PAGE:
Saturday, 1 August 2015

Amnesty International

The July GMH meeting was a talk and interactive workshop on Amnesty by Anne Walker.  Anne is a voluntary member of Amnesty and as such confesses to not being a specialist in human rights law. Her main involvement is in the Amnesty Trainers Network where she helps develop material for local campaigns for Amnesty International UK (AIUK).

Amnesty is based in London and has 5 hubs globally. Its vision: ‘is of a world in which every person enjoys all of the human rights enshrined in the Universal Declaration of Human Rights (UDHR) and other international human rights instruments’.

Although it started out as an organisation supporting prisoners of conscience, its mission now is: ‘To undertake research and action focused on preventing and ending grave abuses of these rights’.

The Manchester branch of AIUK to which Anne belongs has four campaigns underway currently:

1. Stop Torture Campaign which is focused on 5 countries: Nigeria, Mexico, Morocco, Uzbekistan and the Philippines.
2. Save the Human Rights Act
3. Country Specific Campaigns in:
  • Burma
  • Southern Africa
  • Countries in South America (esp. Venezuela) 
4. My Body My Rights - The My Body My Rights campaign comes from the belief that ‘sexual and reproductive rights are human rights that belong to us all’. Furthermore they entitle us to:
  • Make decisions about our own health, body, sexual life and identity without fear of coercion or criminalisation 
  • Seek and receive information about sexuality and reproduction, and access related health services and contraception
  • Choose our intimate partner and whether and when to marry
  • Decide what type of family to create
  • Live free from discrimination, coercion, violence, including rape and other sexual violence, female genital mutilation, forced pregnancy, forced abortion, forced sterilisation and forced marriage.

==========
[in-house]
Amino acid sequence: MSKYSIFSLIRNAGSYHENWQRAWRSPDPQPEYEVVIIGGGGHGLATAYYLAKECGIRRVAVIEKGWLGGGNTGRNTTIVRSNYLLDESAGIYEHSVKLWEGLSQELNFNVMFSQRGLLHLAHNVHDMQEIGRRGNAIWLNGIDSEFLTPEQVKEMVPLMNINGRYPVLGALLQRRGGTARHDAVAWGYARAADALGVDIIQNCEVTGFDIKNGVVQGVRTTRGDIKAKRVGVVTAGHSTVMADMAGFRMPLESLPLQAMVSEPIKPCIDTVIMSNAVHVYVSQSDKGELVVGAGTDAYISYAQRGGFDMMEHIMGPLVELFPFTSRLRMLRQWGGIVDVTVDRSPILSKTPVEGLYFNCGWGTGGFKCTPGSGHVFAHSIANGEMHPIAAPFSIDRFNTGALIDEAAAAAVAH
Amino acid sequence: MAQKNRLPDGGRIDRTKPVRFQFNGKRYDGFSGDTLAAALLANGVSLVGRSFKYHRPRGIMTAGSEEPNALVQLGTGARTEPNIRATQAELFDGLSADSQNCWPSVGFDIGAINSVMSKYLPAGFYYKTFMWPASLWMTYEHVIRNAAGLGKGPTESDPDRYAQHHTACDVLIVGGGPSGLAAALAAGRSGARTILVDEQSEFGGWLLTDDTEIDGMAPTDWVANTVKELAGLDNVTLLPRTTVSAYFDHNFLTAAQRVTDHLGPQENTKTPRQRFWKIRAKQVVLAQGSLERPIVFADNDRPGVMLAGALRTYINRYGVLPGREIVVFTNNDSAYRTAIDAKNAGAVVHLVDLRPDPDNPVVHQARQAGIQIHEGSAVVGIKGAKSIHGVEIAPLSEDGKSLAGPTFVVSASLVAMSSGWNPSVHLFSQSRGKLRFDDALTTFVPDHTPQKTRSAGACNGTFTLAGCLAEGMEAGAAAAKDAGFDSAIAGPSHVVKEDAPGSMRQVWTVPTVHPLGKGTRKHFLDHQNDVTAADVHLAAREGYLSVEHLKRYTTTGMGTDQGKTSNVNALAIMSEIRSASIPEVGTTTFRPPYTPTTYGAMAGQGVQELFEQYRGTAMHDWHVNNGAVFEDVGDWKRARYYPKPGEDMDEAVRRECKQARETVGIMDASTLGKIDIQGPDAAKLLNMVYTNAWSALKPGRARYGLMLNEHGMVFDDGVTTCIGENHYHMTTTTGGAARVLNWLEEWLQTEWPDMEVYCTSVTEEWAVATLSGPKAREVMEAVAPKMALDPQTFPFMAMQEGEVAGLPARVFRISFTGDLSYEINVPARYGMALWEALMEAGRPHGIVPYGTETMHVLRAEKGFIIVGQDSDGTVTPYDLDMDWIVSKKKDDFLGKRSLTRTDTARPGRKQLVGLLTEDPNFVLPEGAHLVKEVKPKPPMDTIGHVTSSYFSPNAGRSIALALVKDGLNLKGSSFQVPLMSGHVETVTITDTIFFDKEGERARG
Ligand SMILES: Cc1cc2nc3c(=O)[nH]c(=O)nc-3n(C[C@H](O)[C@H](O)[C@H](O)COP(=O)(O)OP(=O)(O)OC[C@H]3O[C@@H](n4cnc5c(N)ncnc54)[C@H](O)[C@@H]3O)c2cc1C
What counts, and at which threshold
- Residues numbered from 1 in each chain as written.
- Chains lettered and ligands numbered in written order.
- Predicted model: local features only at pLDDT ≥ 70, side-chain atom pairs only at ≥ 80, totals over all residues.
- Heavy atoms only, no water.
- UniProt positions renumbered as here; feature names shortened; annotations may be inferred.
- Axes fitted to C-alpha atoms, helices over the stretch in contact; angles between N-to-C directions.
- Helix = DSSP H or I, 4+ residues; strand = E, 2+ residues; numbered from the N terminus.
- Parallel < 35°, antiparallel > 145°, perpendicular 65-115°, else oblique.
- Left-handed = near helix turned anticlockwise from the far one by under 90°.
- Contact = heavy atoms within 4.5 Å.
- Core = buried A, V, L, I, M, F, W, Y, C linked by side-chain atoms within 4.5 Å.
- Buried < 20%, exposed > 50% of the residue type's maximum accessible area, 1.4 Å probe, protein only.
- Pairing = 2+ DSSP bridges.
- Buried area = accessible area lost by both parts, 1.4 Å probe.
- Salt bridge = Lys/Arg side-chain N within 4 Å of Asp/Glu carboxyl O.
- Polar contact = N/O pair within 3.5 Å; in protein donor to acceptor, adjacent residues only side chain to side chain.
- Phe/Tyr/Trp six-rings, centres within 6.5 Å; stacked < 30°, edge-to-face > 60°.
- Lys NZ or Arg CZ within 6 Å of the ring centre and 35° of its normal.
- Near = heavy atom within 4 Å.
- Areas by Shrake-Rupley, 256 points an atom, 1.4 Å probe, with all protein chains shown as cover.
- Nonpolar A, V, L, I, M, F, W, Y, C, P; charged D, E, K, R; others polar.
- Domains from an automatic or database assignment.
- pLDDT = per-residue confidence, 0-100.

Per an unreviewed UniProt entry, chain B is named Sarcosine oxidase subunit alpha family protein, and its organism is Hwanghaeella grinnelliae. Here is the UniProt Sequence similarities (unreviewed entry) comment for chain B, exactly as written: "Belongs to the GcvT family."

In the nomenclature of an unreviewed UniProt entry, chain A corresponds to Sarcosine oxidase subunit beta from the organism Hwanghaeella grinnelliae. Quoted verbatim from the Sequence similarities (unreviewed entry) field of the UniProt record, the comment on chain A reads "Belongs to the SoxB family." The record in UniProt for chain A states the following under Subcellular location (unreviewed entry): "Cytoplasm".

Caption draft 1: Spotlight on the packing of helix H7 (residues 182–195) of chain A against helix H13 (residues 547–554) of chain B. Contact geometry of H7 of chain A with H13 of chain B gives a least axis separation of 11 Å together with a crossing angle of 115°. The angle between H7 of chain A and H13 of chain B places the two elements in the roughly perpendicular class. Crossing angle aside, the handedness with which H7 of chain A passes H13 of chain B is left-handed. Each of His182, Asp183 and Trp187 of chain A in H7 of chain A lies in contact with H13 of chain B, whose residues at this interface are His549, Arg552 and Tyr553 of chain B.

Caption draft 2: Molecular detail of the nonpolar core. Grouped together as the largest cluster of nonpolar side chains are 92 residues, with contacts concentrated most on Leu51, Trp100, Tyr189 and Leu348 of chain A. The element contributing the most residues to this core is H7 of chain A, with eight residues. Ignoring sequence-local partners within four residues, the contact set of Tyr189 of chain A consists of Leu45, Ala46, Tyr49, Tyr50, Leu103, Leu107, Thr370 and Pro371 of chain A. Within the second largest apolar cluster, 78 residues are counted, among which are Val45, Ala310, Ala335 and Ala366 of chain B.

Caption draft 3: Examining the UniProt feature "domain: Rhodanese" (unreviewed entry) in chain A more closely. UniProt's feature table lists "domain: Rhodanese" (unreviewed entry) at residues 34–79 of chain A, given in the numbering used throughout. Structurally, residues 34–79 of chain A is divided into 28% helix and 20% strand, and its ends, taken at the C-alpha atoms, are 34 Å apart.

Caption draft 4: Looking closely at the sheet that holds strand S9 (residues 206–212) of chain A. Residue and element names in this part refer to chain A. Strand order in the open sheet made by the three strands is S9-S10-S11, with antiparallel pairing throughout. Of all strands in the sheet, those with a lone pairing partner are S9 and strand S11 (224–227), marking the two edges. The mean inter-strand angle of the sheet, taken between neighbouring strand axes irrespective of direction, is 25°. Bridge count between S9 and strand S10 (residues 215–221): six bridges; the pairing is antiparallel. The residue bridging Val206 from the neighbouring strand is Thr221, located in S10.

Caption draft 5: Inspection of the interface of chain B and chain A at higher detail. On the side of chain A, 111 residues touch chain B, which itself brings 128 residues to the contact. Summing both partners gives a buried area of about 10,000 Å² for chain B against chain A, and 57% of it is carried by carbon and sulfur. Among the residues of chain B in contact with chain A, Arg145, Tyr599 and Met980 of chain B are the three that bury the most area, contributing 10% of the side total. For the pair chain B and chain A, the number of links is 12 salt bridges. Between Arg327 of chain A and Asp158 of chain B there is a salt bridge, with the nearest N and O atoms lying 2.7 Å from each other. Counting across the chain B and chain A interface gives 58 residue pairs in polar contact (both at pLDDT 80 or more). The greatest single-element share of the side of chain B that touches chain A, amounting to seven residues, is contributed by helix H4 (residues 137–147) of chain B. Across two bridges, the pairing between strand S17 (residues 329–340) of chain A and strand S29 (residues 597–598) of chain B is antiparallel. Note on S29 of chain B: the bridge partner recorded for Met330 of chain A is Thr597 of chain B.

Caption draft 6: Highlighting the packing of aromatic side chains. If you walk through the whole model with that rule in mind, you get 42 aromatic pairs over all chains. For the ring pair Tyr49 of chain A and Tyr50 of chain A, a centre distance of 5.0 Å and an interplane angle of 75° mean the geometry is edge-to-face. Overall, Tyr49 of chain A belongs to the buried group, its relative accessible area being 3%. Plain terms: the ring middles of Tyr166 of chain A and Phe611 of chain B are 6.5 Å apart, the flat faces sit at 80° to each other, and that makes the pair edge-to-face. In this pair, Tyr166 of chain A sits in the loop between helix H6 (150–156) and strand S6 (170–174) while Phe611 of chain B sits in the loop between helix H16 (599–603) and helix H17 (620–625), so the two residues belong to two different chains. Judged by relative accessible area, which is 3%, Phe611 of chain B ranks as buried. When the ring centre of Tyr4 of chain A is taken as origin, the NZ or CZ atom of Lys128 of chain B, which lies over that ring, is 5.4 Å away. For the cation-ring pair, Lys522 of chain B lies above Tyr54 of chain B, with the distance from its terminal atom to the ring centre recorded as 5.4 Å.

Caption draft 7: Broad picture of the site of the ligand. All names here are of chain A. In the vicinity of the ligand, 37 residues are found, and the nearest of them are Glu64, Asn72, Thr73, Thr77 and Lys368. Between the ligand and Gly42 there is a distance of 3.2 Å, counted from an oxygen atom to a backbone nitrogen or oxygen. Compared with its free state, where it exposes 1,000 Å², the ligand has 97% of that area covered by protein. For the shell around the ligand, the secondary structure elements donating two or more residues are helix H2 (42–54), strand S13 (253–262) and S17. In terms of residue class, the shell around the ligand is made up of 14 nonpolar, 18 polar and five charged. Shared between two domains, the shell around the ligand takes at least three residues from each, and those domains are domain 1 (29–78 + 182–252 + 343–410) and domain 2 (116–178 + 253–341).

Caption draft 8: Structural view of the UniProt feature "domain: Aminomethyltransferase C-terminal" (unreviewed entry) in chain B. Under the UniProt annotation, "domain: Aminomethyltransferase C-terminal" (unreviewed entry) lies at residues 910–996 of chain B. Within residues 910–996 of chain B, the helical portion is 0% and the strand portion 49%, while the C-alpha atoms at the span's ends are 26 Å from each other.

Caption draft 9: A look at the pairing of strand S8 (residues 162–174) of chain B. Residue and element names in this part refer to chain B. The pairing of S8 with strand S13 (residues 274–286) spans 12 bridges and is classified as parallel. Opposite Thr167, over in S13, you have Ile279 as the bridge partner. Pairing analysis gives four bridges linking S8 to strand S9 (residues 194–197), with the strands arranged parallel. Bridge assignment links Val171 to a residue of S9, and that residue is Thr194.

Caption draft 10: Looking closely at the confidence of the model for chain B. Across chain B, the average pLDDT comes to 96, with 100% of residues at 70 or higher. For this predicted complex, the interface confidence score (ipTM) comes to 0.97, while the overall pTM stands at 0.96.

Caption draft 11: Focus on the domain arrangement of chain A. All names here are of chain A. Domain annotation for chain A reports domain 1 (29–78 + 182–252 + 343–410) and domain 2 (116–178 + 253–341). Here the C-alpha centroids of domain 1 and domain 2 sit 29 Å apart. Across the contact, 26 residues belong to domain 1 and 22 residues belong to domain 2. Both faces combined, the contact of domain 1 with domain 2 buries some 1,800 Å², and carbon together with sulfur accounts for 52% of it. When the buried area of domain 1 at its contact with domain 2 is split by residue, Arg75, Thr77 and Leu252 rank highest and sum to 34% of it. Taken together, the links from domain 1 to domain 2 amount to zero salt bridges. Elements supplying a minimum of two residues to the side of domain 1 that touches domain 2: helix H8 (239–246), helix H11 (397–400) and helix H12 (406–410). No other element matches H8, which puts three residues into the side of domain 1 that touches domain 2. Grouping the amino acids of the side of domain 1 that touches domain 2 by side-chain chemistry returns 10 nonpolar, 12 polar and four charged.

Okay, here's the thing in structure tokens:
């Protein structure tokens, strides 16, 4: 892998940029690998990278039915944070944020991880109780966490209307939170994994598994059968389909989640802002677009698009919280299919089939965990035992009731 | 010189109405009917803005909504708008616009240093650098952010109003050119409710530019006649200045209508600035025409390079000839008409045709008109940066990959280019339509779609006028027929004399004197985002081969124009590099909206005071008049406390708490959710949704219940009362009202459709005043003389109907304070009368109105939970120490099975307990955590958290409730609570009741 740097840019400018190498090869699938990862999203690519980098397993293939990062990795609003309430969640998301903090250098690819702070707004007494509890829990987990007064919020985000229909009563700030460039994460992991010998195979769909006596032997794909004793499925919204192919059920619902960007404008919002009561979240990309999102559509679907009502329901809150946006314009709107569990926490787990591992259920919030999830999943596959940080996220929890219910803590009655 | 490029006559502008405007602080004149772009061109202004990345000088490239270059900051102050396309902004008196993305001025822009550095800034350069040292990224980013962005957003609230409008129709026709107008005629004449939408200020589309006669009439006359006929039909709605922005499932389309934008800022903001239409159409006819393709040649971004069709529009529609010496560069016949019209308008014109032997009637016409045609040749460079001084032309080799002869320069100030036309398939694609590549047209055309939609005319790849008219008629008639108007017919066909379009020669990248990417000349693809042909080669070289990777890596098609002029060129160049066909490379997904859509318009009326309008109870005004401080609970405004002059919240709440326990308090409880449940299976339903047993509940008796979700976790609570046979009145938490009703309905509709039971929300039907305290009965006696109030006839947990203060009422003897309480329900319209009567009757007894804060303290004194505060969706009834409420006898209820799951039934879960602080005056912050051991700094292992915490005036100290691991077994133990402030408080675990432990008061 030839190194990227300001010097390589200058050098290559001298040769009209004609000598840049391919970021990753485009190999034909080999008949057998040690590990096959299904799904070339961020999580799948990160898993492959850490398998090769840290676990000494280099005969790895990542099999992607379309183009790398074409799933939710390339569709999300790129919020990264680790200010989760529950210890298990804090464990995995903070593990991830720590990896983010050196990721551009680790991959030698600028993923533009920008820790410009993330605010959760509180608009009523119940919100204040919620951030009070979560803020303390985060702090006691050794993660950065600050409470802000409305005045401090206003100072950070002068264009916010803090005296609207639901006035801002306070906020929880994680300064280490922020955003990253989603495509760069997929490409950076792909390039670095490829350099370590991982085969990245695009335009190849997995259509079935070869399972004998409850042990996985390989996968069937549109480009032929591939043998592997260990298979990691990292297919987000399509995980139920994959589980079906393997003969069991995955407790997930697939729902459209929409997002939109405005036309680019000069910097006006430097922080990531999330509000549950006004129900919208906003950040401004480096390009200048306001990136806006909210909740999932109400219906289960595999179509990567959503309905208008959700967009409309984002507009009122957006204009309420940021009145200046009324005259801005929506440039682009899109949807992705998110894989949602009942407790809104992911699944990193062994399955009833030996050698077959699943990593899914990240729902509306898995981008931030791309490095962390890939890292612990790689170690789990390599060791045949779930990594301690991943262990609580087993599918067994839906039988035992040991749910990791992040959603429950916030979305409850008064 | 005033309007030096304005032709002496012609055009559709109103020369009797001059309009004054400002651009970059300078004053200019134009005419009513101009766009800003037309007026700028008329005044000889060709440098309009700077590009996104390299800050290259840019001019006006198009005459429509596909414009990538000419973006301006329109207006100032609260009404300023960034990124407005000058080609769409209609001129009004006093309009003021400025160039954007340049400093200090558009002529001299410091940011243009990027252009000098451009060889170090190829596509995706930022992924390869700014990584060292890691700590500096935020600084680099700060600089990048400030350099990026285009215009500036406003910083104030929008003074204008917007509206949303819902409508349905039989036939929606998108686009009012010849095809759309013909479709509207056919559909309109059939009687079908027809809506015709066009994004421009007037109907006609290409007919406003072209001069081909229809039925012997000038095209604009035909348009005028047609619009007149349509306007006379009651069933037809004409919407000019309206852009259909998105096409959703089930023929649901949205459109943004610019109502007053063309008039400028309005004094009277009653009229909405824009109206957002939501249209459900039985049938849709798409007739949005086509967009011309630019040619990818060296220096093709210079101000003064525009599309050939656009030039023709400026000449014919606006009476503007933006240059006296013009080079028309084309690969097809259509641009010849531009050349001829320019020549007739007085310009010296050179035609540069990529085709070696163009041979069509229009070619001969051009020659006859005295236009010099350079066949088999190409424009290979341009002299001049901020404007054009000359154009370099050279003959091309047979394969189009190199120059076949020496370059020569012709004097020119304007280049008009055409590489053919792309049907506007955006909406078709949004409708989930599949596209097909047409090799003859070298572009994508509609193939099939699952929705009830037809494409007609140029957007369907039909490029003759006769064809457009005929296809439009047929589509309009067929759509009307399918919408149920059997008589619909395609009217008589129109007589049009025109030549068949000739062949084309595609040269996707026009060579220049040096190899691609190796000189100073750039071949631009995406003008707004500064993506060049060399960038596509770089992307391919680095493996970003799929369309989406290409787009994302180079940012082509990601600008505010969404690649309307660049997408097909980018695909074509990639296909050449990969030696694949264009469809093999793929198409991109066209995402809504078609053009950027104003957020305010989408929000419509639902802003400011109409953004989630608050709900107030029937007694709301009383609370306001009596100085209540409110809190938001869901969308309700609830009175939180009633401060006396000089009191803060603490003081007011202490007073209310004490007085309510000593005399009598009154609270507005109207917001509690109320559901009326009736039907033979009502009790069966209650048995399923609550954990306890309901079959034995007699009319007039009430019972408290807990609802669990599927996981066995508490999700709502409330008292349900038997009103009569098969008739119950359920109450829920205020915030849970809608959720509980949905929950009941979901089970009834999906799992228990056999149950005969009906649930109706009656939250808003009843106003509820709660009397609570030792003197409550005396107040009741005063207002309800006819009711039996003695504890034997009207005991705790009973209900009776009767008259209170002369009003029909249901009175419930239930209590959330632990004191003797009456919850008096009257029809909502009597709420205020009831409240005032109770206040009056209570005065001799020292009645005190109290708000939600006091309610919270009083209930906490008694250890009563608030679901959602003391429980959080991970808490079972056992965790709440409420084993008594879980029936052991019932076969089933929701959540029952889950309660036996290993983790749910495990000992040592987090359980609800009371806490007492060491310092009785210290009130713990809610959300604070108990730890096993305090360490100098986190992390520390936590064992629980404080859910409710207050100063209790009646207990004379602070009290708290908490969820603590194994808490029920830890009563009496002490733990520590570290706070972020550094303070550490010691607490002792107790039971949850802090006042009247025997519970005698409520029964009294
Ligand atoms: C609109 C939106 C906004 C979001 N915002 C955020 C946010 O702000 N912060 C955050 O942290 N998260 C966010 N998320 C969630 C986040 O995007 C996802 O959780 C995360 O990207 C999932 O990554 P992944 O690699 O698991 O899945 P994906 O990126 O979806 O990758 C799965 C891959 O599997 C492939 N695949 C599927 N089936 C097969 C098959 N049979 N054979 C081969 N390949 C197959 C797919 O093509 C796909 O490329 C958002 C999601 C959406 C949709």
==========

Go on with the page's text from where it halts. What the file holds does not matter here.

It is noteworthy that the UDHR does not cover sexual and reproductive rights (SRR) and does not apply to the unborn child. However some international human rights law does now cover SRR and has made recommendations to states to adopt it.

In Latin America in places where there is no access to contraception and no sex education there is the highest rate of teen pregnancy. And where there is additionally a total abortion ban 57% of teen deaths in pregnancy are due to suicide.

Some of the reasons given for not allowing or providing contraception are:
  • Suspicion – belief that it has another purpose
  • Trust – some men believe it leads their women to infidelity
  • Tradition – large families are seen as a good thing
  • Affordability – it has to be paid for and women are afraid to ask their husbands for the money 
Campaigns in support of SRR are underway in:
  • Burkina Faso – to promote access to affordable contraception
  • Nepal – to prevent uterine prolapsed due to women being put to work very soon after pregnancy
  • Maghreb – where rape victims are forced to marry their rapists. This has its foundations in old French law that was only repealed in France in 1994. Morocco has changed its law but Algeria and Tunisia still have it.
  • El Salvador – to end a total ban on abortion.  Anne gave an example of a pregnant woman for whom after 3 scans it was shown that the foetus had brain damage but an abortion was denied. An international campaign forced the government to allow an intervention, but they delayed till much later so that it could be classed as induced labour.  In another case a doctor was given a prison sentence for carrying out an abortion which was in fact a miscarriage.
Anne also mentioned the law in Ireland where in both the Republic of Ireland and Northern Ireland abortion is illegal except in limited circumstances. The maximum sentence for carrying out an abortion in N. Ireland is life and in the Republic it’s 14 years.

This was an interactive presentation whereby audience members were allocated into groups and asked to present back their own views regarding the issues of women’s rights and what could be done about them. It generated a lot of lively discussion within and amongst the groups all of whom seemed appreciative of the opportiunity to participate.

If you’re supportive of Amnesty’s campaigns, there are a couple of online petitions that you might be interested in:

Save the Human Rights Act Act

Abortion Law Reform - Republic of Ireland reproductive-rights reproductive-rights